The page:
33.This instrument extends several temporary measures, which were introduced by the Corporate Insolvency and Governance Act 2020 and earlier statutory instruments, beyond their current expiry dates:
34.We note that although the Explanatory Memorandum only describes some of the expected impacts of these measures, the full Impact Assessment that was prepared for the Corporate Insolvency and Governance Bill includes in its Annex an economic assessment and an assessment of the regulatory impact of these temporary measures.
35.These two instruments modify temporarily the certification process for the Combined Heat and Power Quality Assurance Scheme which certifies energy efficient Combined Heat and Power (CHP) plants across the UK as Good Quality. Such certification is needed for schemes to access financial incentives, including environmental tax exemptions, such as exemptions from the Climate Change Levy. The Department for Business, Energy and Industrial Strategy (BEIS) says that the COVID-19 lockdowns and restrictions mean that some previously Good Quality CHP operators may not qualify for such incentives in 2021 based on their 2020 operational data and would lose financial support as a result. These two instruments therefore provide a 12-month easing of the certification process to allow CHP operators, which have demonstrated that COVID-19 has had a direct impact on their performance, to submit their 2019 operational data instead of their 2020 data for 2021 certification. BEIS says that this will allow them to remain certified and claim appropriate benefits in 2021, providing continuity of financial support and preventing a further financial hit to CHP operators in 2021.
36.This instrument reduces the registration fees which the Office for Students charges higher education providers by approximately 3% in real terms for the academic year 2021–22. The Department for Education (DfE) says that the reduction aims to remove some of the current financial burden on higher education providers during the pandemic. The smallest providers will continue to be exempt from the registration fees. DfE says that, as announced on 10 September 2020,the plan is to reduce registration fees by a total of 10% in real terms over two years in recognition of the difficult financial environment for higher education providers, so a further 7% reduction is planned for the 2022–23 academic year.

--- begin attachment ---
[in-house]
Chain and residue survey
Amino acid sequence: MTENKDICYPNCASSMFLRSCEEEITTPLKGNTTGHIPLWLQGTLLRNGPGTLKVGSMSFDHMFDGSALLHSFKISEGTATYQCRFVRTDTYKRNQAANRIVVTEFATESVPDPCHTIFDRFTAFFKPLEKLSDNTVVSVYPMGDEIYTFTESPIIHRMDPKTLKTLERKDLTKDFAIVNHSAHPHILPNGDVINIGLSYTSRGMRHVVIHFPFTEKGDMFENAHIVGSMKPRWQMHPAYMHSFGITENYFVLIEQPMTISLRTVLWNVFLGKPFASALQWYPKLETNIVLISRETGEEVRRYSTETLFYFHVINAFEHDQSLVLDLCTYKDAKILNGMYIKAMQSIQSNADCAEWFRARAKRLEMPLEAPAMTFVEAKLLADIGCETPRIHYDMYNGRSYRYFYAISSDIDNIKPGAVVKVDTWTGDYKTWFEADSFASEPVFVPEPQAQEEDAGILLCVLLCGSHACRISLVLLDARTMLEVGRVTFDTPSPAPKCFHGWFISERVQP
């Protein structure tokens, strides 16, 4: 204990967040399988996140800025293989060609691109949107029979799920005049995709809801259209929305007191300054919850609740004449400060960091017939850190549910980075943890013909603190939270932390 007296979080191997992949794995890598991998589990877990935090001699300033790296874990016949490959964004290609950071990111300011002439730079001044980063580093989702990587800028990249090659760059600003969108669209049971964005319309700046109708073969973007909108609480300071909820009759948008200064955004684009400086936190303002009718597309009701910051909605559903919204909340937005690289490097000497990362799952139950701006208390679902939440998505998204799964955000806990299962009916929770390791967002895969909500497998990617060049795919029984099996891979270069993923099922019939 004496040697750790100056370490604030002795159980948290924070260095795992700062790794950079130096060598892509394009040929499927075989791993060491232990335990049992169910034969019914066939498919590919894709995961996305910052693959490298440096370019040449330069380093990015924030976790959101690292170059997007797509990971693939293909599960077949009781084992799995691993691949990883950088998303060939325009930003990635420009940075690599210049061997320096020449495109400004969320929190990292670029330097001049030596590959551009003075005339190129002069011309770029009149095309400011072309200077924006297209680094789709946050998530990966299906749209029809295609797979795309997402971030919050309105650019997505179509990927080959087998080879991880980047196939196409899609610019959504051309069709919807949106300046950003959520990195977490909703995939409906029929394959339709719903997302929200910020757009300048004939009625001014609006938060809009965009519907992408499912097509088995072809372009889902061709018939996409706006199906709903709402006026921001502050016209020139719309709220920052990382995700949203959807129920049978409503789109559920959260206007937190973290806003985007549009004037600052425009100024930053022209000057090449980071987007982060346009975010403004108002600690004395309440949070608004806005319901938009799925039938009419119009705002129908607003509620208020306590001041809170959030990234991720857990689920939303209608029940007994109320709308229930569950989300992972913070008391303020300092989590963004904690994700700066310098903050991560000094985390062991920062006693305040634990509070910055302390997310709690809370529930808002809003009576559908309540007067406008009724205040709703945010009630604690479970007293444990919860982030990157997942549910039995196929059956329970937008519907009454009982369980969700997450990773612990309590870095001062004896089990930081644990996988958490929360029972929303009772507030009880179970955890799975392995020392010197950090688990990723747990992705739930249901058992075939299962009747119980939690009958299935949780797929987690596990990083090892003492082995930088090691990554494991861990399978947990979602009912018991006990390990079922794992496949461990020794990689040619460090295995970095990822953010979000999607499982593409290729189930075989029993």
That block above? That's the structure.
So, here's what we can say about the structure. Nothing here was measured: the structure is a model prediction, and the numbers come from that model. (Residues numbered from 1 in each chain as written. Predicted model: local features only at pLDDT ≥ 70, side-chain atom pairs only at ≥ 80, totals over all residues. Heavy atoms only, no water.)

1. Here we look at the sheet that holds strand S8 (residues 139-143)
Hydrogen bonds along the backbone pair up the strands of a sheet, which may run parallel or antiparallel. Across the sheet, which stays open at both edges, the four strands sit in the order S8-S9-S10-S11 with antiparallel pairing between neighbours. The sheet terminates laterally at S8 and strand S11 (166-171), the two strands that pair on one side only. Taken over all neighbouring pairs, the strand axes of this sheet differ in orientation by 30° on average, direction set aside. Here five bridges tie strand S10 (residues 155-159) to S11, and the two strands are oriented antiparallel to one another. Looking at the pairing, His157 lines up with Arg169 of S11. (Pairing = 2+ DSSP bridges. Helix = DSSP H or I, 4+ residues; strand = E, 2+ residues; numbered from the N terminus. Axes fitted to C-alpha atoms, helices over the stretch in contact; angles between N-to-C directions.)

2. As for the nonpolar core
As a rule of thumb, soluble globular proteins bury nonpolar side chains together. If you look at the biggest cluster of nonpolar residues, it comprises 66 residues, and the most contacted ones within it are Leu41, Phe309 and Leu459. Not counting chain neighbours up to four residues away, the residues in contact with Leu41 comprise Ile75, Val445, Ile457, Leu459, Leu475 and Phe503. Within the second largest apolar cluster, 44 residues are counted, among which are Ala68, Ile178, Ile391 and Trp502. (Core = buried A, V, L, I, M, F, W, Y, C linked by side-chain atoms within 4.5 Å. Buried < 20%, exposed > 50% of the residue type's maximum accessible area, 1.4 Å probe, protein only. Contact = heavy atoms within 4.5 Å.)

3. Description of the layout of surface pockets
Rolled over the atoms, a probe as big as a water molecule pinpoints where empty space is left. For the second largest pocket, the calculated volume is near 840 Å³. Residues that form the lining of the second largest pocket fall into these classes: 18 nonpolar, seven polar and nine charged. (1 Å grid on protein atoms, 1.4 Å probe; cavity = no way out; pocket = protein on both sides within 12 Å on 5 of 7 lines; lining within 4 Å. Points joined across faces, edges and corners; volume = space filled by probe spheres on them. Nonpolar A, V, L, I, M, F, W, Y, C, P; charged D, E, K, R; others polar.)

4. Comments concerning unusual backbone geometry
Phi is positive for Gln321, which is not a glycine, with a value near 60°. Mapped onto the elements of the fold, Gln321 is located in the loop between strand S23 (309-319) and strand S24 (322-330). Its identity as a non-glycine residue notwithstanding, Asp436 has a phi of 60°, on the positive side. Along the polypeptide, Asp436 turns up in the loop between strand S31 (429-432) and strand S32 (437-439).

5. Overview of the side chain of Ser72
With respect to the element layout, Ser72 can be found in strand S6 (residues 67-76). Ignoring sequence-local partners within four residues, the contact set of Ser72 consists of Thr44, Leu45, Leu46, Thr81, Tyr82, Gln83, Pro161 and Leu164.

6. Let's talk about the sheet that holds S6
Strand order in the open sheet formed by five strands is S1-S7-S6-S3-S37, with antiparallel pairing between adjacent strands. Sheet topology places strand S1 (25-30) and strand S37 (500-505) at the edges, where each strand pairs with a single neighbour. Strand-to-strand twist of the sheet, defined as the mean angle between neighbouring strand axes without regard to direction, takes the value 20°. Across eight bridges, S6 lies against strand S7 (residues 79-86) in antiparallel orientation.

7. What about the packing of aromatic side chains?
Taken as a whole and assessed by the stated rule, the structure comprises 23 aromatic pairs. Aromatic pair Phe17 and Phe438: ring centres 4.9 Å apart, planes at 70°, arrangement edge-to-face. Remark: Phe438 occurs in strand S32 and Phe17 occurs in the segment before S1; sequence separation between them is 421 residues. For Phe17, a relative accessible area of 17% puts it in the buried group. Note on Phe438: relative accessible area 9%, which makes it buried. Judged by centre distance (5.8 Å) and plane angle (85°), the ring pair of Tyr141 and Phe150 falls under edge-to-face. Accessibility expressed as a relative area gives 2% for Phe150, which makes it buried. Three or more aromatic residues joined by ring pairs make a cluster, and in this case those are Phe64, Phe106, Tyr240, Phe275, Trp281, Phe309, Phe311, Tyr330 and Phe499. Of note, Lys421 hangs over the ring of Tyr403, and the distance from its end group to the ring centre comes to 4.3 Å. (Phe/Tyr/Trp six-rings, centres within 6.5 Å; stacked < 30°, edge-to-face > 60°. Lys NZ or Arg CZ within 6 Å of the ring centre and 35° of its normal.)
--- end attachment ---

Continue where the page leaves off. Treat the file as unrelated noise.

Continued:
37.This instrument ensures that rateable values in the current 2017 rating lists, which are used in the calculation of business rate bills, will continue to be based on the economic factors, market conditions and the general level of rents which prevailed at the valuation date for those lists of 1 April 2015. This will be done by assuming, for the purpose of assessing rateable values, that there were no interventions to control COVID-19. The Ministry of Housing, Communities and Local Government explains that without this instrument rateable values would be reduced as a result of public health interventions during the pandemic, leading to a reduction in business rates income for local government and HM Treasury. The next revaluation will take effect on 1 April 2023 and will reflect market rental values at 1 April 2021.
38.These Regulations amend the International Travel Regulations to add further countries to the “red list”, in Schedule B1, of countries and territories subject to enhanced measures. The Joint Biosecurity Centre has advised that Bangladesh, Kenya, Pakistan and the Philippines should be added to the red list. This means that with effect from 9 April, international arrivals from those countries have been required to enter managed quarantine.
39.This instrument extends the prevention of evictions from residential premises, except in the most serious circumstances, from 31 March 2021 until the end of 31 May 2021. The exemptions first introduced in November 2020 still apply; for example, evictions may still take place where the court is satisfied that the case involves trespassers, anti-social behaviour, nuisance, domestic abuse in social tenancies, false statements, substantial rent arrears exceeding six months’ rent or the death of the occupant.
14 See for example , and .
15 A statutory demand can be made to ask for payment of a debt from an individual or company. The individual or company will have 21 days to pay the debt or reach an agreement to pay it.
16 A ‘winding up’ petition is an application that is made to the court to close or ‘wind up’ a company that cannot pay its debts.
17 The termination clause provisions prohibit contractual terms that allow contracts to be terminated if a customer enters an insolvency procedure.
18 Wrongful trading may apply where creditors have incurred losses as a result of a company being allowed to trade beyond the point at which insolvency proceedings were inevitable. In such cases a court may require a director of the company to contribute to the company’s assets from their personal assets.
19 BEIS, Impact Assessment for the Corporate Insolvency and Governance Bill (April 2020): [accessed 13 April 2021].
20 CHP is an energy efficient technology that allows generation of both heat and power on site, providing fuel and carbon savings compared to separate generation.
21 These are so-called micro-entities which have 300 or fewer Full Time Equivalent students and also meet two or more of the following conditions: a turnover of not more than £632,000; a balance sheet total of not more than £316,000; and average number of employees of no more than 10.
22 BEIS and DFE, Reducing bureaucratic burden in research, innovation and higher education (10 September 2020): [accessed 8 April 2021].
23 Health Protection (Coronavirus, International Travel) (England) Regulations 2020 ).
24 When the previous instrument expires, Public Health (Coronavirus) (Protection from Eviction) (England) (No. 2) (Amendment) Regulations 2021 ().